10. Peinado H, Olmeda D, Cano A (2007) Snail, Zeb and bHLH factors in tumour progression: an alliance against the epithelial phenotype? Nat Rev Cancer 7(6):415–428

    Article  PubMed  CAS  Google Scholar 

  11. Elloul S, Elstrand MB, Nesland JM et al (2005) Snail, Slug, and Smad-interacting protein 1 as novel parameters of disease aggressiveness in metastatic ovarian and breast carcinoma. Cancer 103(8):1631–1643

    Article  PubMed  CAS  Google Scholar 

  12. Martin TA, Goyal A, Watkins G et al (2005) Expression of the transcription factors snail, slug, and twist and their clinical significance in human breast cancer. Ann Surg Oncol 12(6):488–496

    Article  PubMed  Google Scholar 

  13. Yook JI, Li XY, Ota I et al (2006) A Wnt-Axin2-GSK3beta cascade regulates Snail1 activity in breast cancer cells. Nat Cell Biol 8(12):1398–1406

    Article  PubMed  CAS  Google Scholar 

  14. Ma L, Young J, Prabhala H et al (2010) miR-9, a MYC/MYCN-activated microRNA, regulates E-cadherin and cancer metastasis. Nat Cell Biol 12(3):247–256

    PubMed  CAS  Google Scholar 

  15. Onder TT, Gupta PB, Mani SA et al (2008) Loss of E-cadherin promotes metastasis via multiple downstream transcriptional pathways. Cancer Res 68(10):3645–3654

    Article  PubMed  CAS  Google Scholar 

  16. Mikaelian I, Blades N, Churchill GA et al (2004) Proteotypic classification of spontaneous and transgenic mammary neoplasms. Breast Cancer Res 6(6):R668–R679

    Article  PubMed  CAS  Google Scholar 

  17. Moody SE, Perez D, Pan TC et al (2005) The transcriptional repressor Snail promotes mammary tumor recurrence. Cancer Cell 8(3):197–209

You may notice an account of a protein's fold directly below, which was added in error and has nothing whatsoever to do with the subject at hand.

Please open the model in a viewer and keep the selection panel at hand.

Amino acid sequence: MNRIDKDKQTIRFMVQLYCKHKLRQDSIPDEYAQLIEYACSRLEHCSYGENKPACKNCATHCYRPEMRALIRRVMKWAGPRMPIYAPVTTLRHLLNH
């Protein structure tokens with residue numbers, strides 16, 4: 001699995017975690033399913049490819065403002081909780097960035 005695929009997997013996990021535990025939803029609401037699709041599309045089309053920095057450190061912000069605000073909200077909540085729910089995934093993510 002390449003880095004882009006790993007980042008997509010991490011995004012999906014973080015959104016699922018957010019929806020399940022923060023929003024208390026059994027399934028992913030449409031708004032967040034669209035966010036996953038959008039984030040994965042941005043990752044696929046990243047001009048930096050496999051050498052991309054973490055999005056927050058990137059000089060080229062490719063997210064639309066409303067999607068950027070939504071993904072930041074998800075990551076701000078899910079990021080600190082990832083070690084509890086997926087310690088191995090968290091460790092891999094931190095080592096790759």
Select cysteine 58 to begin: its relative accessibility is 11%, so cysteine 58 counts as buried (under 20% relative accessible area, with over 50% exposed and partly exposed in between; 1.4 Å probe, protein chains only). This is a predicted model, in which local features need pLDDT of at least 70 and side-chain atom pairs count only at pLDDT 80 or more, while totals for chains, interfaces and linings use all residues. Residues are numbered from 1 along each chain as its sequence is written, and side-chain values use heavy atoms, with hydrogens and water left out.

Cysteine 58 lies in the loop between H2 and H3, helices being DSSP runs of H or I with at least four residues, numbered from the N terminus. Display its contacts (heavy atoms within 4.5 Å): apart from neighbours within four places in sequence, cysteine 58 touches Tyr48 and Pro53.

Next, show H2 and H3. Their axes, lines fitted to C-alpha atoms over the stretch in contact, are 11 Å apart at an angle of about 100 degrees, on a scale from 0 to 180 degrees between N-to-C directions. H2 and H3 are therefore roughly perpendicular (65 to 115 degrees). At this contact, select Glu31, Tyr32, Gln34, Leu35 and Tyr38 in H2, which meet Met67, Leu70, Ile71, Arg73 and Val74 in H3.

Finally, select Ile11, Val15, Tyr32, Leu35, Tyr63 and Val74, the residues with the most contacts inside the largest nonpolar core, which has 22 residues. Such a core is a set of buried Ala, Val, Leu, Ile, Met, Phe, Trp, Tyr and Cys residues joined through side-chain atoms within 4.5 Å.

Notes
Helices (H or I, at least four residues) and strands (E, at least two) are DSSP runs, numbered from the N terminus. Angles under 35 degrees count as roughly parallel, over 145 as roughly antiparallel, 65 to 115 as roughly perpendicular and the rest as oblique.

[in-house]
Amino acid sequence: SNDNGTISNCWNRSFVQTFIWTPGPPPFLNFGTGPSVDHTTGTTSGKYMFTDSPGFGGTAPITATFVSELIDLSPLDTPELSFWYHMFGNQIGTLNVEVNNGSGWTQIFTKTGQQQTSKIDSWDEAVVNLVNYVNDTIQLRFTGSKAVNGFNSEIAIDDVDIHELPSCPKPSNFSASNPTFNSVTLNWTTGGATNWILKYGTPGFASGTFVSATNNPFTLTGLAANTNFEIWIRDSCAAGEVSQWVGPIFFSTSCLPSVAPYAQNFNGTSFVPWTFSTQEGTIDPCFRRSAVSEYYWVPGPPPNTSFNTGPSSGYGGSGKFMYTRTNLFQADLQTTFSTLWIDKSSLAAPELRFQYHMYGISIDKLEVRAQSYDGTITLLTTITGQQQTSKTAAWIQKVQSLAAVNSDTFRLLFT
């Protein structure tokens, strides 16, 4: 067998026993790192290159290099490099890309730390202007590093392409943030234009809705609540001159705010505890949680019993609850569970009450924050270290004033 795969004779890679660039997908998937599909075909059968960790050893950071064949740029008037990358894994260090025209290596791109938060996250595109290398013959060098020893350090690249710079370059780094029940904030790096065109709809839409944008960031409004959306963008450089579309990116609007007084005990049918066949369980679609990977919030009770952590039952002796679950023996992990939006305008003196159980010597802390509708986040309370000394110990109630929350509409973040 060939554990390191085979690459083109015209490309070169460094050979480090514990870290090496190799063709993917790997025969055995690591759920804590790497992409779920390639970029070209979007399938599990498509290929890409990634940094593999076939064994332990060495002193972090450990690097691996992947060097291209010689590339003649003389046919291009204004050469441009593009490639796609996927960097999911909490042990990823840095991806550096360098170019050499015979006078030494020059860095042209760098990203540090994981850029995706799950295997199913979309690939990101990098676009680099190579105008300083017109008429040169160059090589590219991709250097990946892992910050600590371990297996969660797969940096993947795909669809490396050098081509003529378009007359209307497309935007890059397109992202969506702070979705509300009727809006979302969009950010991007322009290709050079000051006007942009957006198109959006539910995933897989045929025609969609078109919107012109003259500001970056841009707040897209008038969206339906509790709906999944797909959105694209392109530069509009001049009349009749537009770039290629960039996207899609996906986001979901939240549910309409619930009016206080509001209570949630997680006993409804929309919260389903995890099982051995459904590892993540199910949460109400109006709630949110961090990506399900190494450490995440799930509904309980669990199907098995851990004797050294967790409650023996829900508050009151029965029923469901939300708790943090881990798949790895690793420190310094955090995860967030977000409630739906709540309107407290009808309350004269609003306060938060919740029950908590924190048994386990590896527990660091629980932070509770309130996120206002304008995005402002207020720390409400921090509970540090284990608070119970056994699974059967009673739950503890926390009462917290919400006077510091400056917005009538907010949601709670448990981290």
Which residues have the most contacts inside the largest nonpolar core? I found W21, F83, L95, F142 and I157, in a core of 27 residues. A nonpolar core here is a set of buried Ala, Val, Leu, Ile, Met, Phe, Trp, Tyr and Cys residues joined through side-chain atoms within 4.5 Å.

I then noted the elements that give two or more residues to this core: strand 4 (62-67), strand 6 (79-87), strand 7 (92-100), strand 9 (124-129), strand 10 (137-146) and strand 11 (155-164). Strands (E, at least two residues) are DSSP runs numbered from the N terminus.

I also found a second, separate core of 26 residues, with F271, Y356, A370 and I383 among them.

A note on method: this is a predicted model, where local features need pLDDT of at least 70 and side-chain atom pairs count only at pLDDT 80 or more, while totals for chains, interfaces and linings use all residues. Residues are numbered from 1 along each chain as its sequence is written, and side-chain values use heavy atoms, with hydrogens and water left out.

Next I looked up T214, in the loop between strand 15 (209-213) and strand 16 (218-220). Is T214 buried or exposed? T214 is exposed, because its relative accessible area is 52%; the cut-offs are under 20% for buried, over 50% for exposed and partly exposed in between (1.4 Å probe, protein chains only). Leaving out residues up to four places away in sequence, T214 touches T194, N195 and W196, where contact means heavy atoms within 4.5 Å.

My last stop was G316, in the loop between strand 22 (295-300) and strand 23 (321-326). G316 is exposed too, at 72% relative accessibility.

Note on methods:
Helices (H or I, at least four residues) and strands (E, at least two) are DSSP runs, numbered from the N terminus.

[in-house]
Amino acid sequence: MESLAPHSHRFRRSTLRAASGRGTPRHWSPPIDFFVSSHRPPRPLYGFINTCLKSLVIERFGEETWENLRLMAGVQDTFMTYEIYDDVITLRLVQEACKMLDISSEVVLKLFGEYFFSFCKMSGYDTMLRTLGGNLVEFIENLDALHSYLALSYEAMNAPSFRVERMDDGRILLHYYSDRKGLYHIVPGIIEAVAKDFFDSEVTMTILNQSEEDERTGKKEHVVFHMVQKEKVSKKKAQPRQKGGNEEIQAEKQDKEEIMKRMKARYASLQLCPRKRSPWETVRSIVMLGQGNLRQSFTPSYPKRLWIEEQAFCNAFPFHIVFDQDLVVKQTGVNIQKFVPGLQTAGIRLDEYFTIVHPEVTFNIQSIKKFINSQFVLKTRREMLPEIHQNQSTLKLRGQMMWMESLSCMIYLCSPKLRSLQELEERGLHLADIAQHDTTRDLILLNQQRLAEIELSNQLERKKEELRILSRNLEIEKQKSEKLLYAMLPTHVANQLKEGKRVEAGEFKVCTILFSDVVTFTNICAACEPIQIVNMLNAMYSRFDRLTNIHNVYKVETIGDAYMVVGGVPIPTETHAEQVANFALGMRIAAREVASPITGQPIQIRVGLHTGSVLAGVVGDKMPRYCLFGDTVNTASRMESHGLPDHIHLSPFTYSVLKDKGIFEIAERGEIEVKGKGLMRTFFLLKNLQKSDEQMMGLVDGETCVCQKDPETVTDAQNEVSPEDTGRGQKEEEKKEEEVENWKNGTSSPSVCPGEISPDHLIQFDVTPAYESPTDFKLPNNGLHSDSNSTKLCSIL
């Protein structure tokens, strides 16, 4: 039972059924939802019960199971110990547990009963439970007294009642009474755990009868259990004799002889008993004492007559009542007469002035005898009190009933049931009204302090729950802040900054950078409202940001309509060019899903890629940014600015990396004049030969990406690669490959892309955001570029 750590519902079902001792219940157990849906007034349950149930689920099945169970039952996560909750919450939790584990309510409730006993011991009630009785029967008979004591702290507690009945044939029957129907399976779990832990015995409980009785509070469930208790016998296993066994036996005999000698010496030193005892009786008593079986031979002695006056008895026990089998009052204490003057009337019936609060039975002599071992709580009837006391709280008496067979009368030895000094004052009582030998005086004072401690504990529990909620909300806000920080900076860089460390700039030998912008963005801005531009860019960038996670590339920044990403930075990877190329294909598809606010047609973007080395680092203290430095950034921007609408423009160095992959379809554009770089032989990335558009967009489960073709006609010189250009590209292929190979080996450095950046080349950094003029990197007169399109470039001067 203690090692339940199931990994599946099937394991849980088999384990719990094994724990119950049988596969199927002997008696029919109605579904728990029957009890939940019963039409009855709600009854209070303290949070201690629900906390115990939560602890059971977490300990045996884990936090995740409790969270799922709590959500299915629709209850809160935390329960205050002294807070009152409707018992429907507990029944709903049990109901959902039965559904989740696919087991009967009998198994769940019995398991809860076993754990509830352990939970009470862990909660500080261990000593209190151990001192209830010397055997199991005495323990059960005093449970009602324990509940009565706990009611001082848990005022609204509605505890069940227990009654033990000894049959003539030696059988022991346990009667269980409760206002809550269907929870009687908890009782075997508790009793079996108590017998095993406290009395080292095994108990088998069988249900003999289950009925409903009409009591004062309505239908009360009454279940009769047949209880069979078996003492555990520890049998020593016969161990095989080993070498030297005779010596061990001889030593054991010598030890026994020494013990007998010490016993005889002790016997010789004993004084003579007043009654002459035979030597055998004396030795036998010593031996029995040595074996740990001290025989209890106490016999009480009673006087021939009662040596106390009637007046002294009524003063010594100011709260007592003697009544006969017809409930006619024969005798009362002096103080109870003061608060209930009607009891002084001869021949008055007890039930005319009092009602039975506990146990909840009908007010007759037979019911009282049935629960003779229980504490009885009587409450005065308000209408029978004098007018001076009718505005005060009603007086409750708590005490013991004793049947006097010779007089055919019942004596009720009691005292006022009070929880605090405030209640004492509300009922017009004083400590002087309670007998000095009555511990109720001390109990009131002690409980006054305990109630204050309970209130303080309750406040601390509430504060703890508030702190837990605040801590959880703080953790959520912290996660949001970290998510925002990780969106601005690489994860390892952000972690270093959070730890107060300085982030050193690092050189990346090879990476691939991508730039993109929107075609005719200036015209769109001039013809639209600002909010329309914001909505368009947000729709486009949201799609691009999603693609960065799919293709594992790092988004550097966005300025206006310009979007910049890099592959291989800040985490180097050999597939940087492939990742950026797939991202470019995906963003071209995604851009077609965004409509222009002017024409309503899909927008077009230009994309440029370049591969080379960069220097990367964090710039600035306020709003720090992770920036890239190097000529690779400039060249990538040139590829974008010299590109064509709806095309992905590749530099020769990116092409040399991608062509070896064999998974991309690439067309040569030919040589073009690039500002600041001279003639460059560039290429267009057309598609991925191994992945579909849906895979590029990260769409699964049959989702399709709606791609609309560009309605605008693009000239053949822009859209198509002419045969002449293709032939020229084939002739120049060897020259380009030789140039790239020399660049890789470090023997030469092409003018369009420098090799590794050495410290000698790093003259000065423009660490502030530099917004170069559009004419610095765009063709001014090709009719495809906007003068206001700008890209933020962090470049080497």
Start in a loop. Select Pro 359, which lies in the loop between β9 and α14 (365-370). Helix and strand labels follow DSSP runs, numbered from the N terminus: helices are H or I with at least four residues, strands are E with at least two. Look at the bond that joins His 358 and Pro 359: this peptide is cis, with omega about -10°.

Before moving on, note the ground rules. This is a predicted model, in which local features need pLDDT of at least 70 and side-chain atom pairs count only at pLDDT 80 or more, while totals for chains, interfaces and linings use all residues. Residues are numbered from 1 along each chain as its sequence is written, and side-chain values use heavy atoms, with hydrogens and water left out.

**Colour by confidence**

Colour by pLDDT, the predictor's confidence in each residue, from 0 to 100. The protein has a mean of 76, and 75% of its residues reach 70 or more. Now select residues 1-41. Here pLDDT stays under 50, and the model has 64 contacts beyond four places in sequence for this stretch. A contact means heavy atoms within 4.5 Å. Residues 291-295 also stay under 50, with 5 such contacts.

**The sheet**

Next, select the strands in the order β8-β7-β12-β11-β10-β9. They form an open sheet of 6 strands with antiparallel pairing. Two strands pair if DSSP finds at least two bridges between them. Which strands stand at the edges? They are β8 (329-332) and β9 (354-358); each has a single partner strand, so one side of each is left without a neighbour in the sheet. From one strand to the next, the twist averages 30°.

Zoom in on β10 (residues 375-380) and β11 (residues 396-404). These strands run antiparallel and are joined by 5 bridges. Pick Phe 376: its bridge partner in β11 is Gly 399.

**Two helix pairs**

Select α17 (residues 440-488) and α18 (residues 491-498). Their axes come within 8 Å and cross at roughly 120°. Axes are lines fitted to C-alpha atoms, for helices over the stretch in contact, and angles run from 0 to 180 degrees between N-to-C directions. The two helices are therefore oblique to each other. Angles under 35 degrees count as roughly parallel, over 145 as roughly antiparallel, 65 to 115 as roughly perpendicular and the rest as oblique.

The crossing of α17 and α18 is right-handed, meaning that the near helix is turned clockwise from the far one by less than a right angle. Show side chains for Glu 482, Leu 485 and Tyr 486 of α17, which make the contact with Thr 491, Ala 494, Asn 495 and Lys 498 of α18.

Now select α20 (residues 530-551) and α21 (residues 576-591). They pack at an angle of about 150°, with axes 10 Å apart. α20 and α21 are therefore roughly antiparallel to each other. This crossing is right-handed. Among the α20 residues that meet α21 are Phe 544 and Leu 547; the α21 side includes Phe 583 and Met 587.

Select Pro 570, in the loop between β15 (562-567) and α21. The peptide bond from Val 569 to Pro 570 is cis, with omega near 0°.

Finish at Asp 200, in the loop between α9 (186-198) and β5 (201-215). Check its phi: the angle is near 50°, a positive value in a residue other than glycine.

Article  PubMed  CAS  Google Scholar 

  18. Katz E, Dubois-Marshall S, Sims AH et al (2010) A gene on the HER2 amplicon, C35, is an oncogene in breast cancer whose actions are prevented by inhibition of Syk. Br J Cancer 103(3):401–410

    Article  PubMed  CAS  Google Scholar 

  19. Klymkowsky MW, Savagner P (2009) Epithelial-mesenchymal transition: a cancer researcher’s conceptual friend and foe. Am J Pathol 174(5):1588–1593

    Article  PubMed  CAS  Google Scholar 

  20. Tarin D, Thompson EW, Newgreen DF (2005) The fallacy of epithelial mesenchymal transition in neoplasia. Cancer Res 65(14):5996–6000

    Article  PubMed  CAS  Google Scholar 

  21. Droufakou S, Deshmane V, Roylance R et al (2001) Multiple ways of silencing E-cadherin gene expression in lobular carcinoma of the breast. Int J Cancer 92(3):404–408

    Article  PubMed  CAS  Google Scholar 

  22. Weigelt B, Geyer FC, Natrajan R et al (2010) The molecular underpinning of lobular histological growth pattern: a genome-wide transcriptomic analysis of invasive lobular carcinomas and grade- and molecular subtype-matched invasive ductal carcinomas of no special type. J Pathol 220(1):45–57

    Article  PubMed  CAS  Google Scholar 

  23. Arpino G, Bardou VJ, Clark GM et al (2004) Infiltrating lobular carcinoma of the breast: tumor characteristics and clinical outcome. Breast Cancer Res 6(3):R149–R156

    Article  PubMed  Google Scholar 

  24. Megha T, Neri A, Malagnino V et al (2010) Traditional and new prognosticators in breast cancer: Nottingham index, Mib-1 and estrogen receptor signaling remain the best predictors of relapse and survival in a series of 289 cases. Cancer Biol Ther 9(4). doi:10.4161/cbt.9.4.10659

  25. Aitken SJ, Thomas JS, Langdon SP et al (2010) Quantitative analysis of changes in ER, PR and HER2 expression in primary breast cancer and paired nodal metastases. Ann Oncol 21(6):1254–1261

    Article  PubMed  CAS  Google Scholar 

  26. Somner JE, Dixon JM, Thomas JS (2004) Node retrieval in axillary lymph node dissections: recommendations for minimum numbers to be confident about node negative status. J Clin Pathol 57(8):845–848